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Subhadra Haran torrent reviews
Alexa V (nl) wrote: I started watching this with tinted glass since in general, reviews for the "sequel" seem not to fare as well as its predecessor. I am glad to say that I actually loved this more! The visual effects are stunning and tastefully executed, accompanied by the brilliant acting of Zhou Xun and Zhao Wei. The interaction between the ladies is a pleasure to watch. I usually don't like Zhao Wei but her character in this movie is well-developed. And boy, how I love her golden mask and the beautiful costumes. Perhaps the love between Huo Xin and Princess Jing came across as cliche, but the way it was portrayed still managed to touch a hardened heart. The scene where Huo approached Jing to stop her from eating a human heart along with his confession and self-blinding action did it for me. In short, this is a movie that presents a visual feast with arthouse elegance that leaves you wanting for more.
Thomas R (br) wrote: Very good film enjoyed it as I'm a resident evil fan
Guss v (au) wrote: Very boring senseless movie. Killing scenes made just to make the movie longer. Boring. Don't watch.
Greg S (es) wrote: A group of white mice (who drink blood tea) steal a doll belonging to a clan of rodents in this dialogue-free stop-motion feature. Beautiful and imaginative, with hallucinogenic berries, a frog sorcerer, and a near-perfect mix of surrealism and fairy tale darkness. People say it again and again, but it's the perfect description: BLOOD TEA is like a lost Jan Svankmajer film.
Mike G (ru) wrote: The best Rock Doc ever!!
Kyle B (nl) wrote: A great movie with a winning performance from Michael Douglas. I wish he did more movies like this these days. Tobey Maguire was also good and Frances McDormand had some nice scenes. Great screenplay and good soundtrack made by Bob Dylan
Kendall M (es) wrote: i love winnie the pooh
Allan C (au) wrote: Corny but entertaining 50s sci-fi about a secret military base working on space hibernation for astronauts, but the things get weird when a supercomputer and it's robot minions begin taking over. Nothing great, but not terrible either.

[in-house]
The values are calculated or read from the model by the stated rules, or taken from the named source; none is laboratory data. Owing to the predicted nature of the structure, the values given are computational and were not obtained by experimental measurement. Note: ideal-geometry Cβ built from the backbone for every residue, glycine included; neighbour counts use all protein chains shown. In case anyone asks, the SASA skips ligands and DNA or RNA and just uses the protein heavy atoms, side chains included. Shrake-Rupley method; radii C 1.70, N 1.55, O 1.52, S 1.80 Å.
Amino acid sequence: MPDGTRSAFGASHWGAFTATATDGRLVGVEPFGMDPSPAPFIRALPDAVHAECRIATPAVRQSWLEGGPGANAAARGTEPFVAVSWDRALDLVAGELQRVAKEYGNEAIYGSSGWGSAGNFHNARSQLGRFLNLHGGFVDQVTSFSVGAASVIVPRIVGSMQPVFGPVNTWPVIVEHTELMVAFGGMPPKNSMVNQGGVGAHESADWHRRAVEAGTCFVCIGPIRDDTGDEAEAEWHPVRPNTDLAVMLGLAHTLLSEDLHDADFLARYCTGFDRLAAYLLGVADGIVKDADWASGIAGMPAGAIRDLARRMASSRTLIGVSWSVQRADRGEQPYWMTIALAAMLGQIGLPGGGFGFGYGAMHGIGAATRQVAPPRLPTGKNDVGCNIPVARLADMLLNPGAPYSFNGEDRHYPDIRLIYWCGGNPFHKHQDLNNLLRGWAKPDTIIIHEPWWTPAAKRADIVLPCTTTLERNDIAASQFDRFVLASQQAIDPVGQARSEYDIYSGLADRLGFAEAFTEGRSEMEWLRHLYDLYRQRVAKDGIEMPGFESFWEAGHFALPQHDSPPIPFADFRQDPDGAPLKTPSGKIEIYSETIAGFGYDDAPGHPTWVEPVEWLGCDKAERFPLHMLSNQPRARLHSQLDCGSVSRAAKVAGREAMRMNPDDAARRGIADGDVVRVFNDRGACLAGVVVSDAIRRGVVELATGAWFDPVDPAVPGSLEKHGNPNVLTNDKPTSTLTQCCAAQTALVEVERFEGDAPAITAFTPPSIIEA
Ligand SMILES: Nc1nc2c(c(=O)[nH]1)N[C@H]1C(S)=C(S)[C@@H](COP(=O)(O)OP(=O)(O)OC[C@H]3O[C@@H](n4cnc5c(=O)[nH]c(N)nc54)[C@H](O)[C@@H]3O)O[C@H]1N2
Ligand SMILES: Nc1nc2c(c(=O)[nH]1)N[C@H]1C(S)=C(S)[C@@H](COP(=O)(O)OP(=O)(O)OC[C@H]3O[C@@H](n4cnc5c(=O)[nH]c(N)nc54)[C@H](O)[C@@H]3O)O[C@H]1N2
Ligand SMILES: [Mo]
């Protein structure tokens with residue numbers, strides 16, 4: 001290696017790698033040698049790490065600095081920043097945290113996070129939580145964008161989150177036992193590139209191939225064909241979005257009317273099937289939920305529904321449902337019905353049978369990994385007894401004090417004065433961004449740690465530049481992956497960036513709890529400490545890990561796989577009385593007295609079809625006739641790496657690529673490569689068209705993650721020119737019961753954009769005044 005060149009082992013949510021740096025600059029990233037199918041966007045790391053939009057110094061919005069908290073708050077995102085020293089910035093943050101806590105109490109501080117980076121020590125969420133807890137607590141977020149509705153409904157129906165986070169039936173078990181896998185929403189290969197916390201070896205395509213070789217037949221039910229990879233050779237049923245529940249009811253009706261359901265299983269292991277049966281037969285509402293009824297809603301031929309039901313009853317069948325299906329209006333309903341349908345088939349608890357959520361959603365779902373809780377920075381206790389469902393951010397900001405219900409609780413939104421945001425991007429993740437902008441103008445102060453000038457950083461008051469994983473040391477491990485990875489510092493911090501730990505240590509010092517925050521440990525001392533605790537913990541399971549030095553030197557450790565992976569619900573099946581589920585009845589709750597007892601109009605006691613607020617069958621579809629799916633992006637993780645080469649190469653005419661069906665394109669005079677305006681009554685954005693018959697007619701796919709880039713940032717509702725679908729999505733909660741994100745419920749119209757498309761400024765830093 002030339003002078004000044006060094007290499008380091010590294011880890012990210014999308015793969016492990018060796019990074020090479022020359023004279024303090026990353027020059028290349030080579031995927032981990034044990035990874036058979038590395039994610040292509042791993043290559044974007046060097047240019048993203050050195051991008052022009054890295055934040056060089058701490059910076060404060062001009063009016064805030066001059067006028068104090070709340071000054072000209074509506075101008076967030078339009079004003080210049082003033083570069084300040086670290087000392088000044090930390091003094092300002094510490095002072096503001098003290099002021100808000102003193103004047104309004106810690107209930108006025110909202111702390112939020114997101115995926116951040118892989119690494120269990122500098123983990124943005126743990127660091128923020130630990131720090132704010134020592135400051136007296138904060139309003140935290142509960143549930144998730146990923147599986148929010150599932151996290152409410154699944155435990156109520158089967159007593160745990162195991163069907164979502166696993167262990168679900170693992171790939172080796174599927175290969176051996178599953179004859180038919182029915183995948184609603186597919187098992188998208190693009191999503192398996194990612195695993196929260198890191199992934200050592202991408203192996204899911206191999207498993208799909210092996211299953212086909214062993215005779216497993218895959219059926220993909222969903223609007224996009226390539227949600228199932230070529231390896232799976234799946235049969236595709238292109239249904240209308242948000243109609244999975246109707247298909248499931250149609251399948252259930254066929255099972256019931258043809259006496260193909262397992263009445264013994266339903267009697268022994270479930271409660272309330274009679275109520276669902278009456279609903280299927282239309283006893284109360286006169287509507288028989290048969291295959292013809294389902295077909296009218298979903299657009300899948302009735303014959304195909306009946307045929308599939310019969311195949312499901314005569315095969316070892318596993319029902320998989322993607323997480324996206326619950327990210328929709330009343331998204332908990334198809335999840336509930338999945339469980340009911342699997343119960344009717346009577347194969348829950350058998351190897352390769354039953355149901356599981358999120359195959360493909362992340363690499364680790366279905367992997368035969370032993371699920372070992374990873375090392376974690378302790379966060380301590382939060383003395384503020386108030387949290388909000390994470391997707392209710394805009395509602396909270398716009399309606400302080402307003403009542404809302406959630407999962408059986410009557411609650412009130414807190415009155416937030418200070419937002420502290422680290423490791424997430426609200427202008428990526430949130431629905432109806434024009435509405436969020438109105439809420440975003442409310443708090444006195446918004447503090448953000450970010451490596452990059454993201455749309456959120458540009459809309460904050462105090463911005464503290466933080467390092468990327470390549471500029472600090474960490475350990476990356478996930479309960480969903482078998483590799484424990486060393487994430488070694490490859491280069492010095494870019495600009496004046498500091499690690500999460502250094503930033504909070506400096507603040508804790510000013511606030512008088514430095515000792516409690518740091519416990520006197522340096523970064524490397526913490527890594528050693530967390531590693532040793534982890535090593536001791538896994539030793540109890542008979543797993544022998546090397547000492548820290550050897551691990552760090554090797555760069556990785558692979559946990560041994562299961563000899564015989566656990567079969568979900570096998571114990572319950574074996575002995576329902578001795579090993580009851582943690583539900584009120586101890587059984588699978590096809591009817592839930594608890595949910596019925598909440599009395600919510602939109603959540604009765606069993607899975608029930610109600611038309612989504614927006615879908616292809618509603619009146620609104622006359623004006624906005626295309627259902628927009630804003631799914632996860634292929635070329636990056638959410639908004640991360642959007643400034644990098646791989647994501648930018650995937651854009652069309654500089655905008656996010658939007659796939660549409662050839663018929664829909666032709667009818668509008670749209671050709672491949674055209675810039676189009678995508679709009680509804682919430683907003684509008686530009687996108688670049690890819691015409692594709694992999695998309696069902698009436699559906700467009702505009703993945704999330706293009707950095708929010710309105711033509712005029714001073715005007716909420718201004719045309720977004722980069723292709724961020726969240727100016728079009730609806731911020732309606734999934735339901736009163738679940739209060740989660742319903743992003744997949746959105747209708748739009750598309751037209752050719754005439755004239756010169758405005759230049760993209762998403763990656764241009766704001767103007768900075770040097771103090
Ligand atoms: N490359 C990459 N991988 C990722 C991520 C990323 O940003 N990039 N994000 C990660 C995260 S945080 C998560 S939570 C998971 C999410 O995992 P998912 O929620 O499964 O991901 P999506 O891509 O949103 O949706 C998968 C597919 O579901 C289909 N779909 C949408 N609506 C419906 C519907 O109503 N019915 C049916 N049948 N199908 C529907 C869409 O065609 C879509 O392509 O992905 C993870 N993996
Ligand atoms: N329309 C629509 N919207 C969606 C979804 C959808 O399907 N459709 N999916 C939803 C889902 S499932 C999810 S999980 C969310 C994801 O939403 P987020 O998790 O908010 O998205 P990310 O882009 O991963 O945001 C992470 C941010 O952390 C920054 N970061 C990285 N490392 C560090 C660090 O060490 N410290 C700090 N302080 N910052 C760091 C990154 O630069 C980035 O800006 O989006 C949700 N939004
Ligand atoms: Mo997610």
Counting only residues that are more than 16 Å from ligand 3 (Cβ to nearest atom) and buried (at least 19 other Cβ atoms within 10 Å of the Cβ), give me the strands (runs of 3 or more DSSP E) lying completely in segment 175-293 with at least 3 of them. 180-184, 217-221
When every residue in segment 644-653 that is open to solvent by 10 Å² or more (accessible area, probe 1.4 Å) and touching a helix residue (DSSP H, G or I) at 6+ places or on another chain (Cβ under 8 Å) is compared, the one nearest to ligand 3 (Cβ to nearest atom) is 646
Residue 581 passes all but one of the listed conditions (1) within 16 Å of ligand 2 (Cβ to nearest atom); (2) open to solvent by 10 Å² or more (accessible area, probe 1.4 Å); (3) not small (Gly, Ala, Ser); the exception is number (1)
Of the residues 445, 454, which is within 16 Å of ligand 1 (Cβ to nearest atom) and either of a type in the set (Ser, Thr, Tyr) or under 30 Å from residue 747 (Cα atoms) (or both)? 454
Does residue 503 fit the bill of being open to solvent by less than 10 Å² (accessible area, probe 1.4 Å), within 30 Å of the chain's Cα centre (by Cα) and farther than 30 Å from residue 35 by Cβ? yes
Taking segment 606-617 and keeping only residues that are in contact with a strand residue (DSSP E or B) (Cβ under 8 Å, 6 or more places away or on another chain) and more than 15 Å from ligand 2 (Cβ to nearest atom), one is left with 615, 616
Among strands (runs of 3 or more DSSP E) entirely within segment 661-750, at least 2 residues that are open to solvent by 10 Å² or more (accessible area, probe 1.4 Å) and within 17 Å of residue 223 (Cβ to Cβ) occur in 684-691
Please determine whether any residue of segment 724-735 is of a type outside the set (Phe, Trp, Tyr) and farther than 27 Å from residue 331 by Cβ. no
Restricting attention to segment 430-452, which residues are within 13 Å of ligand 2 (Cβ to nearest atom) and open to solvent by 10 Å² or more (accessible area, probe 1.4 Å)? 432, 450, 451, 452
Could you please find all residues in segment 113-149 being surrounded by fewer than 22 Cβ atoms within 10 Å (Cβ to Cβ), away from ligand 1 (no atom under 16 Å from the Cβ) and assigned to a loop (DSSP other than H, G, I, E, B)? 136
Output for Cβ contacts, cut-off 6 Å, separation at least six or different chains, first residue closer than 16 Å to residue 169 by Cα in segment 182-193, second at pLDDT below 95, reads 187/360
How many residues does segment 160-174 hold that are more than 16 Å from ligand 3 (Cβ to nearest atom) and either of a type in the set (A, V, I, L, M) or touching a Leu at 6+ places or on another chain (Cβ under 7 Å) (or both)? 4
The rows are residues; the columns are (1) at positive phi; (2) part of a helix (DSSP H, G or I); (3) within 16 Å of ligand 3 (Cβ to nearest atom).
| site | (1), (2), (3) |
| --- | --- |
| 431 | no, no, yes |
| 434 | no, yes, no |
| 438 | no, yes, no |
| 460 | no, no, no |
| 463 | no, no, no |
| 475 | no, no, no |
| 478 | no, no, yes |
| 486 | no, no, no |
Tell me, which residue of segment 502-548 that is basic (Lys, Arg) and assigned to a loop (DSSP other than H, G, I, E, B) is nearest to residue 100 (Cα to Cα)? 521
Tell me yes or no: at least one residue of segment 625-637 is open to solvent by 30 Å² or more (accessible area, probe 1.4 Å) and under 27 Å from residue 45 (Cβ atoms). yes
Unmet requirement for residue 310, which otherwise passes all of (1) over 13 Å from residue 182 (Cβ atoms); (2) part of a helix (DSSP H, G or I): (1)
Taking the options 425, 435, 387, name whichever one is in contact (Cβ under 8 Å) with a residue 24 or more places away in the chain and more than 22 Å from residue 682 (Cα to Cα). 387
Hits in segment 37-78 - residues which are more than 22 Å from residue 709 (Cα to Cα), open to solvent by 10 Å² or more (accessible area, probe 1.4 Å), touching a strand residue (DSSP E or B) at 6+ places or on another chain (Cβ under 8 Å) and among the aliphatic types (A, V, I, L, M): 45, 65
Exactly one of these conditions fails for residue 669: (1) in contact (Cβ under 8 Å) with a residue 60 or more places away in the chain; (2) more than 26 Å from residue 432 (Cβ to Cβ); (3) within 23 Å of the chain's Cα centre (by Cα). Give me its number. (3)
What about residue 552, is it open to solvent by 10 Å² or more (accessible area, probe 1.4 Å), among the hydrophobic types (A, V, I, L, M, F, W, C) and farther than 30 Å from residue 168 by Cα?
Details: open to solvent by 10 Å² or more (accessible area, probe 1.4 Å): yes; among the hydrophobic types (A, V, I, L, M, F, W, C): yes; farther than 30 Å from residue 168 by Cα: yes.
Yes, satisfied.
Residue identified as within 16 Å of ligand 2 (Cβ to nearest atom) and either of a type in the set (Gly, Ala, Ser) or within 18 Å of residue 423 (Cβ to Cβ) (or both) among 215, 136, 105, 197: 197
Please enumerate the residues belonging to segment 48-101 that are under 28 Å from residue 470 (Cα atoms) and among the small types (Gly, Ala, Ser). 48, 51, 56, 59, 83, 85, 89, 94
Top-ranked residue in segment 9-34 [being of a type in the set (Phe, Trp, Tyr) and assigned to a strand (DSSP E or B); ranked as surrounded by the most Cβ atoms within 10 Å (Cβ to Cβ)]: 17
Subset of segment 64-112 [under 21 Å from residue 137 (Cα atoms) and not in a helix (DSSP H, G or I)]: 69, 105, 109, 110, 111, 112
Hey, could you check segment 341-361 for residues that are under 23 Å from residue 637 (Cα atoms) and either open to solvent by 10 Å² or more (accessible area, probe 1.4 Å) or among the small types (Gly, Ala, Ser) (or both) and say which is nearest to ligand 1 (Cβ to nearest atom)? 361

Rob C (it) wrote: The Planet of the Apes series is one of the longest running series in film history; beginning in 1968, the series has had its ups and downs over the years. Ten years on from Tim Burton's mostly average remake in 2001, the series has been rebooted with a much improved refinement on the long running series.Stripping away the space travel aspects from previous films, ROTPOTA takes place entirely on Earth and is immediately grounded in reality. With this springboard in mind, the film serves as an origins story chronicling the origins of the titular apes; James Franco plays Dr William Rodman, a scientist who is working on a potential cure for numerous mental health problems dubbed ALZ-112, the process of which involves experimenting on several live apes. Rodman takes in one particular ape named Caesar after his mother is killed in an escape attempt and raises him. But as Caesar begins to exhibit more intelligent and human-like behaviour, Rodman and his colleagues face increasingly difficult problems as they try to keep the situation under control. Throughout its hour and forty five minute run time, ROTPOTA puts across numerous themes that resonate in both its setting and our own reality; human nature and our lack of understanding, treatment of animals, the ethics of science and more which all coalesce to make a very thoughtful story. This combined with a potent mix of heartfelt moments and well filmed action makes the plot very engaging all the way through. But the greatest aspect of the film's plot is its build-up; pressure gradually increases on Rodman to deliver to his superiors, save his father (played by John Lithgow) and keep Caesar safe from harm and as he pushes harder with his resources to make those results happen, it becomes clear that an inevitable catastrophe is closing fast. Audiences are sure to be fully hooked on the plot, but the film's successes don't stop there.With the many emotional scenes layered across the plot, the characterisation always works to compliment these moments; at the heart of the film is the bond between William and Caesar, which goes through a great deal of development as William raises the clever chimp to adulthood and Caesar eventually begins to question whether he belongs with humans to with his own kind. William's relationship with his father is also very emotional and plays into the plot very well. The character of Caesar portrayed by Andy Serkis is incredibly fascinating; he's a deeply misunderstood member of society who only lets loose with violence in self-defence and yet he's forced to endure so much over the course of the film; by the time ROTPOTA reaches its end, Caesar has grown into much more than an ape trying to fit in which contributes even more to an already solid plot. The only real issue with the cast is that some of the human characters could have had more development to make them feel more important to the overall narrative, particularly Rodman's boss Steven Jacobs (David Oyelowo) who could have had more deliberation on the science tests before the climax but otherwise everyone does a fine job selling the characters.It's hard to believe just from reading this review, but the motion capture technology used in ROTPOTA could be the finest use of the technology ever seen in a live action film. From beginning to end, the apes really do look shockingly life-like from the movements to the facial expressions thanks to the efforts of Andy Serkis and the visual effects team. But the brilliant work doesn't stop there; the action is always well framed which really makes an impact with the more extravagant scenes such as when Caesar climbs the redwood trees and observes San Francisco in the distance as well as many other wide shots which put across the scale of the more action packed moments. The music is both heartfelt and tense, perfectly matching the mix of emotion and action the film gives to us. What it comes down to is that ROTPOTA ultimately does just as good a job on the technical as it does plot and characterisation.ROTPOTA is an incredibly thoughtful and satisfying reboot that could well end up standing on the same level as the original 1968 classic. It's a brilliant new beginning for the series and it's a summer blockbuster well worth watching.